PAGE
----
local-functions is relatively new, being specifically about the feature introduced in C# 7.0, according to its tag wiki (There's no excerpt). It currently has 33 questions, most tagged c#, a few tagged LUA, Python, C++, C, or common-lisp.
This looks to me like C#'s version of the general concept of a nested-function, found in languages like pascal and a GNU extension in C and C++, allowing access to (some?) local vars in the outer scope. That tag has 387 questions in a variety of languages, many of them Python.
We often have one tag for the same concept in different languages, like function, arrays, linked-list. Instead of hypothetical [fortran-function], [perl-function], [c-function], etc. But we certainly can and do have tags specific to one language's implementation of a concept, like stdatomic instead of just c++atomic. So either choice is potentially valid.
Every language has their own quirks, but a tag search on
[c#][nested-function] should only find Q&As about C# local functions, or questions with multiple language tags. So we don't really need a local-functions tag for searchability.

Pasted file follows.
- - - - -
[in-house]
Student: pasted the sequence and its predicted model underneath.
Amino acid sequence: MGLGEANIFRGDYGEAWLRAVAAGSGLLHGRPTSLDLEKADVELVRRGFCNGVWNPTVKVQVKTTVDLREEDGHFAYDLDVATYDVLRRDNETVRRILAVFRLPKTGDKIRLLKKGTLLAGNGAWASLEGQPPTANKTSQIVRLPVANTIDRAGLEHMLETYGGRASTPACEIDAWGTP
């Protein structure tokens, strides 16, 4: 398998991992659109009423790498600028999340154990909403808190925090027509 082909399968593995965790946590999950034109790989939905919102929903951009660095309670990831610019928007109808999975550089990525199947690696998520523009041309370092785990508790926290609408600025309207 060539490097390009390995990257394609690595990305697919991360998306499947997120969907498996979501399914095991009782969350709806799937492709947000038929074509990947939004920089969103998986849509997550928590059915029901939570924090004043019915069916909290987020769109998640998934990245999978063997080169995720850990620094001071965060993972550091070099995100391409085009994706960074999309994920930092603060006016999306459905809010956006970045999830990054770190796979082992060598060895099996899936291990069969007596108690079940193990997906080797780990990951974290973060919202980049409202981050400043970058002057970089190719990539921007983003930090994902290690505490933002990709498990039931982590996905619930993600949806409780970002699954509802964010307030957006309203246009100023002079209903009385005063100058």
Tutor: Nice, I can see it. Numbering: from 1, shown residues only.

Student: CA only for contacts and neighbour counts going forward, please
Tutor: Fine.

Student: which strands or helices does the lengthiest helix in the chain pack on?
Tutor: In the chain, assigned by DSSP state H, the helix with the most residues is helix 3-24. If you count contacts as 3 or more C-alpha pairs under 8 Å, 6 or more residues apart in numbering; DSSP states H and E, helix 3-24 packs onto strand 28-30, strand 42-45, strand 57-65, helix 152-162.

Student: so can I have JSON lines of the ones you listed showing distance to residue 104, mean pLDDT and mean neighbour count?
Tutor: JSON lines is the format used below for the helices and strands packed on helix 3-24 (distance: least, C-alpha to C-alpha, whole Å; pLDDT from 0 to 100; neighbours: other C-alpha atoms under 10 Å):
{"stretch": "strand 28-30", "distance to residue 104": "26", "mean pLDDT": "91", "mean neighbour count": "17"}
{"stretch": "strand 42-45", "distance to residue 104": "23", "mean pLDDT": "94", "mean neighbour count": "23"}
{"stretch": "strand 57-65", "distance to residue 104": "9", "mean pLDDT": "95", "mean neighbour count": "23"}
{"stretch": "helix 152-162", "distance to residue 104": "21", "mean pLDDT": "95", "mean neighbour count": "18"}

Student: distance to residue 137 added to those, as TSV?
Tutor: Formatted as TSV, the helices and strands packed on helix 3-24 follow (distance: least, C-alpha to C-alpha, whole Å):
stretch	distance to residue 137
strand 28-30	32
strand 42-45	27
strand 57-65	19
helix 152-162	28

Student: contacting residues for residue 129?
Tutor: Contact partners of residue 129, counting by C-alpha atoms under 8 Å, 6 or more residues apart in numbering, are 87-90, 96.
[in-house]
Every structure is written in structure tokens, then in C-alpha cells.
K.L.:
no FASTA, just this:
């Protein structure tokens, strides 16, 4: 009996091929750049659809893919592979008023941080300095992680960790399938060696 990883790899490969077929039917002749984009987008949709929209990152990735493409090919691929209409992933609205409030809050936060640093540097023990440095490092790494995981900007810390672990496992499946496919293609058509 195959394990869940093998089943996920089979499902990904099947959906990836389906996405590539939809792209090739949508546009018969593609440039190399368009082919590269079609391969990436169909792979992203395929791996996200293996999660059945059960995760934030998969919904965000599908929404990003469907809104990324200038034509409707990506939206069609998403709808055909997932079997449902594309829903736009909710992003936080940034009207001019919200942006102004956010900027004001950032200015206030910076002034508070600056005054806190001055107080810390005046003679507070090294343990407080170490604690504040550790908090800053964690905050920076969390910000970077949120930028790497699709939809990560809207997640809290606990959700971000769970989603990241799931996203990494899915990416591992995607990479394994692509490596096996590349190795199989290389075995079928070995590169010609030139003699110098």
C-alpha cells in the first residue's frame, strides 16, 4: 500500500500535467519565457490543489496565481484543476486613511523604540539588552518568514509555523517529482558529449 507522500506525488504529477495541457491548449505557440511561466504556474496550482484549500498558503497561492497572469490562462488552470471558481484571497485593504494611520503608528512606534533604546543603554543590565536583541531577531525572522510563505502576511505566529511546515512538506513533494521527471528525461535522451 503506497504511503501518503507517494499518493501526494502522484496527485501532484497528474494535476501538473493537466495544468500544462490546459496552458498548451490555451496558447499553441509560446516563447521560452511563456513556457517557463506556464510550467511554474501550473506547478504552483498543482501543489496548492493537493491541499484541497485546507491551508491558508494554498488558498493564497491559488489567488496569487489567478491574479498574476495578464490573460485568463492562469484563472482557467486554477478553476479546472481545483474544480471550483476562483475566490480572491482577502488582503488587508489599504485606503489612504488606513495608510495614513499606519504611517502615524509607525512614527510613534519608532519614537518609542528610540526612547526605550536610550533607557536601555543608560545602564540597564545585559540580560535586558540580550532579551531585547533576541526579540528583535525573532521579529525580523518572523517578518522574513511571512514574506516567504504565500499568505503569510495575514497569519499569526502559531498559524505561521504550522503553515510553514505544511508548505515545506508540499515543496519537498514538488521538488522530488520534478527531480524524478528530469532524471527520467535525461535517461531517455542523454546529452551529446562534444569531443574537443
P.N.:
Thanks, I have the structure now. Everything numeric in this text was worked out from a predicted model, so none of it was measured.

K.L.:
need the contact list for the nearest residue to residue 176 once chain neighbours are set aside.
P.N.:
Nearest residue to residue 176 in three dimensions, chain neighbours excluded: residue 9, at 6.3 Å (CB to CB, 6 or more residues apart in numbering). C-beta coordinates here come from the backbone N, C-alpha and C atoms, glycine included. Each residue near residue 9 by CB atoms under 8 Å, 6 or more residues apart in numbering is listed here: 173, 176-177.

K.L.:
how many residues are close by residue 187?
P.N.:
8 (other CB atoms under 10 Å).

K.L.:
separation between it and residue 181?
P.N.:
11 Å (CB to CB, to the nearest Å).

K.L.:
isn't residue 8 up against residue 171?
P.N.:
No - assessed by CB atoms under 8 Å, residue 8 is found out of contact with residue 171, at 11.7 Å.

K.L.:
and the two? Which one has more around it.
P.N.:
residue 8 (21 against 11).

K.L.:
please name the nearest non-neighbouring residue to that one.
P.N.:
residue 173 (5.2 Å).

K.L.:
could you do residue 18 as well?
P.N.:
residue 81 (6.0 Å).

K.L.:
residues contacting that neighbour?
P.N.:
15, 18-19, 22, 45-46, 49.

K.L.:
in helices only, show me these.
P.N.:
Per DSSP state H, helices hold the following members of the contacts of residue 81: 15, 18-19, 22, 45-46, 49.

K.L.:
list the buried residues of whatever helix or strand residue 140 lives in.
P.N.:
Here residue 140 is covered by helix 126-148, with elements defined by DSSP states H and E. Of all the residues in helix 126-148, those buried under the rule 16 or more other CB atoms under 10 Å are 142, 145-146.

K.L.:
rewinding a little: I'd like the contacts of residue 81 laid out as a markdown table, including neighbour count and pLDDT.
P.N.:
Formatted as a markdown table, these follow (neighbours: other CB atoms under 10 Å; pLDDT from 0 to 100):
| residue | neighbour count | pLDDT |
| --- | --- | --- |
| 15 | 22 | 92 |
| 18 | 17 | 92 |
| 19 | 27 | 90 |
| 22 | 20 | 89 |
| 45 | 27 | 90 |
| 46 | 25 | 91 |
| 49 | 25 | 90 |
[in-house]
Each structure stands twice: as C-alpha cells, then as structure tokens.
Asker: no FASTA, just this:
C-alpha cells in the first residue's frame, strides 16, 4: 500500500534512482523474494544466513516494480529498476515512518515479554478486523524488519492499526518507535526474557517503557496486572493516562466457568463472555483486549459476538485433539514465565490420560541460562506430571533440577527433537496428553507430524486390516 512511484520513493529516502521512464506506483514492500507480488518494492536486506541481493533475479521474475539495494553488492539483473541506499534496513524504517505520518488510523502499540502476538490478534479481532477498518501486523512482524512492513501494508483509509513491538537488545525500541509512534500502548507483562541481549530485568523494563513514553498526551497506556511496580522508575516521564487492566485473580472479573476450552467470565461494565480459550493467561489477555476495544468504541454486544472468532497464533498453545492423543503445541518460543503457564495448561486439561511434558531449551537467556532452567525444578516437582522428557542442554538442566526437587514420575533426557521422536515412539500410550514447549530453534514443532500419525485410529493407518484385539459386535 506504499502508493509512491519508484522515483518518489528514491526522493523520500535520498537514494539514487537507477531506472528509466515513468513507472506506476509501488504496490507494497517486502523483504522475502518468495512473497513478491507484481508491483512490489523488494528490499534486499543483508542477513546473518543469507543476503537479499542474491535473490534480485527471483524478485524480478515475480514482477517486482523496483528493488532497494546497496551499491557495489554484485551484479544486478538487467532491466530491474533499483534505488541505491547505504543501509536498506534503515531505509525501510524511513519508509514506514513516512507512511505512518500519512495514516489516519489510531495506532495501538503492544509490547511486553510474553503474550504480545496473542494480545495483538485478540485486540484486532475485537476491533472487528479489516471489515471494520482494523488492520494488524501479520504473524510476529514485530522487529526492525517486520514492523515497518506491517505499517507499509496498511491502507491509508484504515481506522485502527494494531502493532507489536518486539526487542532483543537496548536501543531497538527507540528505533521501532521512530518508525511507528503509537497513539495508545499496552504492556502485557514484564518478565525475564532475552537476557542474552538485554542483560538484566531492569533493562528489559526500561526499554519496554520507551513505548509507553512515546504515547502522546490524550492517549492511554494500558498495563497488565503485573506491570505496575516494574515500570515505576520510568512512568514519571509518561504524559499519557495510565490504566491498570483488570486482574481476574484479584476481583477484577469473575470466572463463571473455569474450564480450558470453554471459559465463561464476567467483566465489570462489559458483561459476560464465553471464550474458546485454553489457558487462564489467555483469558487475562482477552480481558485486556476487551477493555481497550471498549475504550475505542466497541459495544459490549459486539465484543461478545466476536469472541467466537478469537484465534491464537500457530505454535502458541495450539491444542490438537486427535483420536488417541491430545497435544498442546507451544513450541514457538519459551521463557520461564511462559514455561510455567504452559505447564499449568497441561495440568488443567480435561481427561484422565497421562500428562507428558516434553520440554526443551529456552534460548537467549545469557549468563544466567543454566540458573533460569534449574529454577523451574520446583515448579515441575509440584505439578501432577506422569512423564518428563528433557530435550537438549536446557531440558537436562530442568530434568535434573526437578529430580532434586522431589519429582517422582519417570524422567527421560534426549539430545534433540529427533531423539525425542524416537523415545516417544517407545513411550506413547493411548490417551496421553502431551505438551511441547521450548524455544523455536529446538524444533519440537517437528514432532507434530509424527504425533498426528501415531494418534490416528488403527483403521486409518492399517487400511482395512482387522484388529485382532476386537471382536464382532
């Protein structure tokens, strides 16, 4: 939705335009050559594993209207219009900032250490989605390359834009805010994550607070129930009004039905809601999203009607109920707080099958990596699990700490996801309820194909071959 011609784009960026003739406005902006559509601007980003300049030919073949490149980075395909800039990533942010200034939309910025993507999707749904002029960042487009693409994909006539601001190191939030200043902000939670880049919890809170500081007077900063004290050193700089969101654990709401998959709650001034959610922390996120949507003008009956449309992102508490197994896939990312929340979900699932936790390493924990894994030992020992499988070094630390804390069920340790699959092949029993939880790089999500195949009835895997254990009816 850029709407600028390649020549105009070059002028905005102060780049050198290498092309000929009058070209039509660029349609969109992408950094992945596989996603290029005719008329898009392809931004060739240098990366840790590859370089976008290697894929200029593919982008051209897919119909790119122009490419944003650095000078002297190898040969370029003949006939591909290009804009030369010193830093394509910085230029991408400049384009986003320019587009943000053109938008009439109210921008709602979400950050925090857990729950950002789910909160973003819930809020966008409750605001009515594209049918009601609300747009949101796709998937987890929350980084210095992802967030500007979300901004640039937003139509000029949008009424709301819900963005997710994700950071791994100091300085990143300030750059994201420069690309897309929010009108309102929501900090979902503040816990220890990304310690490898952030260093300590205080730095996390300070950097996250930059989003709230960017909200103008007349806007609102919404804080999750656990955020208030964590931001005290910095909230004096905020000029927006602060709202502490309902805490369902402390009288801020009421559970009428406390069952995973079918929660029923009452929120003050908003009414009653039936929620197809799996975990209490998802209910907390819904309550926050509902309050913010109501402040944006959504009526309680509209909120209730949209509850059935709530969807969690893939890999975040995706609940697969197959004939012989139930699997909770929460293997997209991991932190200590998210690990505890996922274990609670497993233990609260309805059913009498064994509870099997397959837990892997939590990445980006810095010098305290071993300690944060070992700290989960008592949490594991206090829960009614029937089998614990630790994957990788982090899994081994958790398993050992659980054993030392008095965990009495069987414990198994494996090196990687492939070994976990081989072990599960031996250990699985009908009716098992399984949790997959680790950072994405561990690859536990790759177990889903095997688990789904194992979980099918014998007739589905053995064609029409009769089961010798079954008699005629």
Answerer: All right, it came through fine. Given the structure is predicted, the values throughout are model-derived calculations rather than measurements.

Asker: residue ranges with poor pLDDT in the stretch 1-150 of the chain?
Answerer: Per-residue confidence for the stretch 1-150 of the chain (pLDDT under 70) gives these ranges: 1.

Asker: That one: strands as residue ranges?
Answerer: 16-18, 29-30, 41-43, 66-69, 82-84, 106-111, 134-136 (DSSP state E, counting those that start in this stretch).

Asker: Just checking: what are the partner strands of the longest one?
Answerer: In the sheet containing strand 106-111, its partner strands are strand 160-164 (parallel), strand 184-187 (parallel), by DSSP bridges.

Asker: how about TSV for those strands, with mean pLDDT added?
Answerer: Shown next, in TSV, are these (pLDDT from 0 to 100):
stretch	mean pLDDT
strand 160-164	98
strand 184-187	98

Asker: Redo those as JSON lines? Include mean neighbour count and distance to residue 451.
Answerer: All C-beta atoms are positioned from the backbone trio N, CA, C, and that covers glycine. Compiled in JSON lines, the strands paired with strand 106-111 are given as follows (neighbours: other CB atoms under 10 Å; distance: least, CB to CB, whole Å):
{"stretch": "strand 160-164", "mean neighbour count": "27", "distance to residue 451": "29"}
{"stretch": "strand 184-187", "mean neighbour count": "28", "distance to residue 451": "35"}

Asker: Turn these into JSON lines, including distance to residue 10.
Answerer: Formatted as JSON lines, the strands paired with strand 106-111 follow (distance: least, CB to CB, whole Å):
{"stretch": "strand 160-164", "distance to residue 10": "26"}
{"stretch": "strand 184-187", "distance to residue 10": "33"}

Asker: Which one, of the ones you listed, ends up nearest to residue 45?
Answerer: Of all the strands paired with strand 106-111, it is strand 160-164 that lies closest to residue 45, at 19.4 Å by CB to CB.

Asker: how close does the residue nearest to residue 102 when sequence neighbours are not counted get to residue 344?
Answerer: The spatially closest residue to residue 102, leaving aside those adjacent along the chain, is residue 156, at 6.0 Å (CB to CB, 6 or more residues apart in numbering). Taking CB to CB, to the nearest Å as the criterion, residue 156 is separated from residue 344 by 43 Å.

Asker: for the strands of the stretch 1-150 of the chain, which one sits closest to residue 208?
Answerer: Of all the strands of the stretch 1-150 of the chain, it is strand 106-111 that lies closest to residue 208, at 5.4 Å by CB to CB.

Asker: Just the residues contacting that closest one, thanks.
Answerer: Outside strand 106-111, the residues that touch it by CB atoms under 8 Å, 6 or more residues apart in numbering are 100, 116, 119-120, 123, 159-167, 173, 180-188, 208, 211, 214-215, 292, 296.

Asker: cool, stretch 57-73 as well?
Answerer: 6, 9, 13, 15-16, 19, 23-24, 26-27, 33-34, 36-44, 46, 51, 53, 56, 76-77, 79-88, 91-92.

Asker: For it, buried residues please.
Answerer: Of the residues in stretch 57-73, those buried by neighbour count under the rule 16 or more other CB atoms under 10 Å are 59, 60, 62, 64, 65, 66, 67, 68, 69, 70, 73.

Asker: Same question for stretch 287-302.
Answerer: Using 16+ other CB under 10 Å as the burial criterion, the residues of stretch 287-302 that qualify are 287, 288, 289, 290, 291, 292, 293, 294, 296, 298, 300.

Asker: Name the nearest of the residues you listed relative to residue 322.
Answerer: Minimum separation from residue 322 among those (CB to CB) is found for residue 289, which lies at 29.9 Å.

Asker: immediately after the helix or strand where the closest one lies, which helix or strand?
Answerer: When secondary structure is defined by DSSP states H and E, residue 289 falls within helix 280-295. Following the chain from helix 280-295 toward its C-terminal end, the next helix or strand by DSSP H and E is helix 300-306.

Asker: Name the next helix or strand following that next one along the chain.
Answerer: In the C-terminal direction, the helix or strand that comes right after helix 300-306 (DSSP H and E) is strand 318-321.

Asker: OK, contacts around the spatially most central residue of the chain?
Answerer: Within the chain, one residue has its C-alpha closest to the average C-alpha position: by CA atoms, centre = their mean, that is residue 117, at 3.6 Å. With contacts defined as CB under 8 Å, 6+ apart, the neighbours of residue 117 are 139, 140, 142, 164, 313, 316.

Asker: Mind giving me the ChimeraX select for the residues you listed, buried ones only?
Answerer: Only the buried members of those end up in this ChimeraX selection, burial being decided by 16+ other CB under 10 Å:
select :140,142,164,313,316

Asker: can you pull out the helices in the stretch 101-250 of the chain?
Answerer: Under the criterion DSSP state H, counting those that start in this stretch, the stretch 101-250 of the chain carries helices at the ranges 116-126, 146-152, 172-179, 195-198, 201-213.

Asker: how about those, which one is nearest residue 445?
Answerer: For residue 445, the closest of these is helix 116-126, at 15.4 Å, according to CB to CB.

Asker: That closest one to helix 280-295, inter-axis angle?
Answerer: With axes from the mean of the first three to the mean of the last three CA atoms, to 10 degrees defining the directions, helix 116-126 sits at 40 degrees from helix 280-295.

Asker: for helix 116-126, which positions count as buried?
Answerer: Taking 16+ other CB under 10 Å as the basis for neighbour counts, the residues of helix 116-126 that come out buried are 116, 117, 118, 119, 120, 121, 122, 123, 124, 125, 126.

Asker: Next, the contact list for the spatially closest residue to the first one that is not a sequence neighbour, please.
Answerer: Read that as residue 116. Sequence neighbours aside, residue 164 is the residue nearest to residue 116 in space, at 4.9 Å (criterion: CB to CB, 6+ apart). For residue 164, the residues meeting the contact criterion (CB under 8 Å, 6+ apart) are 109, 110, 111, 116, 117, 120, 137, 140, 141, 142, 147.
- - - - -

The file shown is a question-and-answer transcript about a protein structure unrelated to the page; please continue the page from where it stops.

One counter argument is that generic tags like function are so broad they become silly for some (but not all) of what tags are supposed to be about, e.g. having a gold badge in it from answering python questions doesn't make you qualified to dup-hammer questions about assembly functions, or vice versa (People with gold badges are expected to know when they shouldn't use it, so it's not a big problem in practice. Most questions don't use super-generic tags like function at all (fortunately), but nested-functions is a specific enough and niche-enough concept that it seems fine.).
I think it would make sense to create a synonym, but I don't have a strong opinion that way. The tags seem low traffic so it's not urgent. But deciding one way or another and fixing up with tag excerpts and wikis accordingly would probably be good. (The nested-function tag wiki should mention that C# questions should use the other tag, while every other language should use that tag, if we decide to keep both as non-synonyms.)
We don't need to remove one tag or the other, so taking our time making a decision to synonymize or not isn't letting future work pile up.